Congratulations! Georgia Virtual School science department chair Asherrie Yisrael has been selected as a finalist for National Online Teacher of the Year. The award has two sponsor organizations: the Southern Regional Education Board (SREB) and the International Association for K-12 Online Learning (iNACOL).
Yisrael was named 2010 – 2011 Georgia Virtual School Teacher of the Year. Her specialties are advanced placement physics, forensic science and physical science. Georgia Virtual School (GAVS) is the state Department of Education online learning program resource. It has about 10,000 students who select online courses from a broad-based curriculum.
Thirty-nine online teachers from 26 states were nominated for the SREB – iNACOL award. The winner will be announced on March 1 during SREB’s virtual learning conference in Atlanta. Other finalists are Leslie Fetzer from North Carolina and Tracey Seiler from South Carolina.
SREB and iNACOL established the national online teacher award two years ago. Yisrael is the second Georgia teacher nominated. Gabrielle Bray of Gwinnett County was nominated in 2010.
School Choice Rally: It’s looking like at least 1,500 will rally for School Choice outside the State Capitol at 10:00am Wednesday. And perhaps the weather will cooperate — mild and partly cloudy!
Georgia legislators will address alternate authorization for charter schools during the current General Assembly. The latest negative headlines include Gwinnett County again turning down a charter for Ivy Preparatory Academy whose students have an outstanding academic record, and Fulton County’s rejection of the Fulton Science Academy which was named a 2011 National Blue Ribbon School Award recipient by the U.S. Department of Education.
The Americans for Prosperity Georgia chapter will present screenings of its new film “Making The Grade in Georgia” hourly start at 2:00pm in the Georgia Room of the Twin Towers office building directly across the street from the State Capitol. Here is a link with more information.
Georgia Tax Climate: Wednesday morning the conservative Tax Foundation will release its 2012 business climate index that measures how states compare in five categories: corporate tax, personal income tax, sales tax, unemployment insurance tax and property tax. Data is based on tax policies as they existed last July 1 when most states began their new fiscal years.
The Tax Foundation ranking is not against any specific baseline. States can move up or down even if they make no changes because revisions in other states can affect overall rankings.
The Tax Foundation ranked Georgia No. 34 nationally last year. Foundation economists found 33 states with overall better business tax climates and 16 that were worse. Georgia tax reform remains a work in progress this year after the 2011 Legislature was unable to enact reform.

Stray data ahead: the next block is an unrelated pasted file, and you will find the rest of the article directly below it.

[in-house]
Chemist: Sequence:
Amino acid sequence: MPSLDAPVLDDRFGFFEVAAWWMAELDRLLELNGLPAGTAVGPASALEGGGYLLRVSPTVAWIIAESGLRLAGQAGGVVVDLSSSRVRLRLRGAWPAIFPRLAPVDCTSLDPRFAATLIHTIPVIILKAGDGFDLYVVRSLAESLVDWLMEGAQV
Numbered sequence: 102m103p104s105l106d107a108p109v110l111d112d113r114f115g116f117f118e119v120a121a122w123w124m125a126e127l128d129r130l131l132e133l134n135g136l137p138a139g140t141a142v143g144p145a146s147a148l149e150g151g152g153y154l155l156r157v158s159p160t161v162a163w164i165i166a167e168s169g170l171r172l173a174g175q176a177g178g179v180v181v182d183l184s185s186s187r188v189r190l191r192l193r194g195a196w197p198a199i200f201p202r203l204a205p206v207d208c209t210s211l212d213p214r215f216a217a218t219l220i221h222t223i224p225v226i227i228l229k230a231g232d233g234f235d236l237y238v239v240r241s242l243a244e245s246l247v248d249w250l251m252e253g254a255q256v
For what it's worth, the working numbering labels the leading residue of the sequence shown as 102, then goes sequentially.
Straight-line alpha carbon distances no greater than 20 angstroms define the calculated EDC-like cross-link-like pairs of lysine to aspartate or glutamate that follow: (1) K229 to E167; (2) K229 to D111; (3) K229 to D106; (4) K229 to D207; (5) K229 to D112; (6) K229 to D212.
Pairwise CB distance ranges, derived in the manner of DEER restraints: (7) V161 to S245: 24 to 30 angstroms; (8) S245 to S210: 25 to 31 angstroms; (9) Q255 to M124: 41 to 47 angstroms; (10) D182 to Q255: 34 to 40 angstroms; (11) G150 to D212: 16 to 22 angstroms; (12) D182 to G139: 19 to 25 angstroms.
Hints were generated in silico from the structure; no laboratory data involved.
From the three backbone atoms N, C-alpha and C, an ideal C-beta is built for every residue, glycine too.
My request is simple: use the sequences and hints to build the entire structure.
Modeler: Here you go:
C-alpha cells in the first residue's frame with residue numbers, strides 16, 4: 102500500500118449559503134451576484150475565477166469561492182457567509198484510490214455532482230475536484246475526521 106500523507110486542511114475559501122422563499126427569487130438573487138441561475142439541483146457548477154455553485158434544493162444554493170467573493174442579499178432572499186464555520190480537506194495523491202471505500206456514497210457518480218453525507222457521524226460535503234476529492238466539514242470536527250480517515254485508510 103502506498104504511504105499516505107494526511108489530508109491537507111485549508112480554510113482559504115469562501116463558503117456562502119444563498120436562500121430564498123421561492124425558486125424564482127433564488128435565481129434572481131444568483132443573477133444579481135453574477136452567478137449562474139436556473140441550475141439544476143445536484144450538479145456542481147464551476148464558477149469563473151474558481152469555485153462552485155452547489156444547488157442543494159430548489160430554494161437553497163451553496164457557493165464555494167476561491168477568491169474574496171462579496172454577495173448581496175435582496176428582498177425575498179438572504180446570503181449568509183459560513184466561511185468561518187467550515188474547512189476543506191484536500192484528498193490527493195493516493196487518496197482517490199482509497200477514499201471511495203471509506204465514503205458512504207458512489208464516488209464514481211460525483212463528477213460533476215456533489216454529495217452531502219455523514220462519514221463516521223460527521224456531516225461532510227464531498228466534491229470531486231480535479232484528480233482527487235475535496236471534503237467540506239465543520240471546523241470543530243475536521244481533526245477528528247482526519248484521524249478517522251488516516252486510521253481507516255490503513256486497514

Unemployment insurance tax gets less attention than it deserves. Georgia began to borrow federal funds starting in December 2009 because the state could no longer afford to write unemployment benefit checks. Georgia owes $721 million in principal plus tens of millions of dollars in annual interest. Options to find repayment dollars include imposing higher taxes on employers and reducing benefits, which could mean fewer weeks, smaller checks or both.
The Tax Foundation business tax climate index will be released at 10:00am Wednesday.
Yellow Jackets 1, Volunteers 0: Friday’s announcement that Georgia Tech will become a national tier one university transportation research center means the state made a better case than our nearest northern neighbor. Tennessee would have located a national think tank at the Center for Transportation Research on the University of Tennessee campus in Knoxville.
Governor Nathan Deal announced Georgia’s plan to pursue the transportation research center initiative last May when he addressed the state Logistics Summit in Atlanta. Georgia Tech will coordinate research by seven state universities plus three in Alabama and Florida. Tech was also named to participate in a regional initiative coordinated by the University of Florida.
Here’s a salute to the Woodruff Foundation that provided essential local startup seed money. The total investment for two years will be $7 million with half from the federal government.
HOPE, Again: About those reports that the HOPE scholarship could face a new economic tsunami because so many Georgia kids are qualifying for the full tuition Zell Miller Scholarship: Really? Are these kids nothing like the 50 percent who lose HOPE after one school year? And if we suddenly have so many super smart kids, why do our national test scores still suffer?
New proposals are already being floated to address HOPE financial stability one year after the General Assembly thought it had bought the scholarship program some time. While all those numbers are being crunched, perhaps someone should look at why more than half lose the scholarship after one year, two-thirds after two years and nearly three-fourths after three years.
HOPE matters. But HOPE should not become just another government spending program.
The Georgia Public Policy Foundation is something that I am proud to be a part of today. The research conducted by education groups like yours is invaluable in helping form opinions and allowing people to reach conclusions that ultimately help them make the right decisions.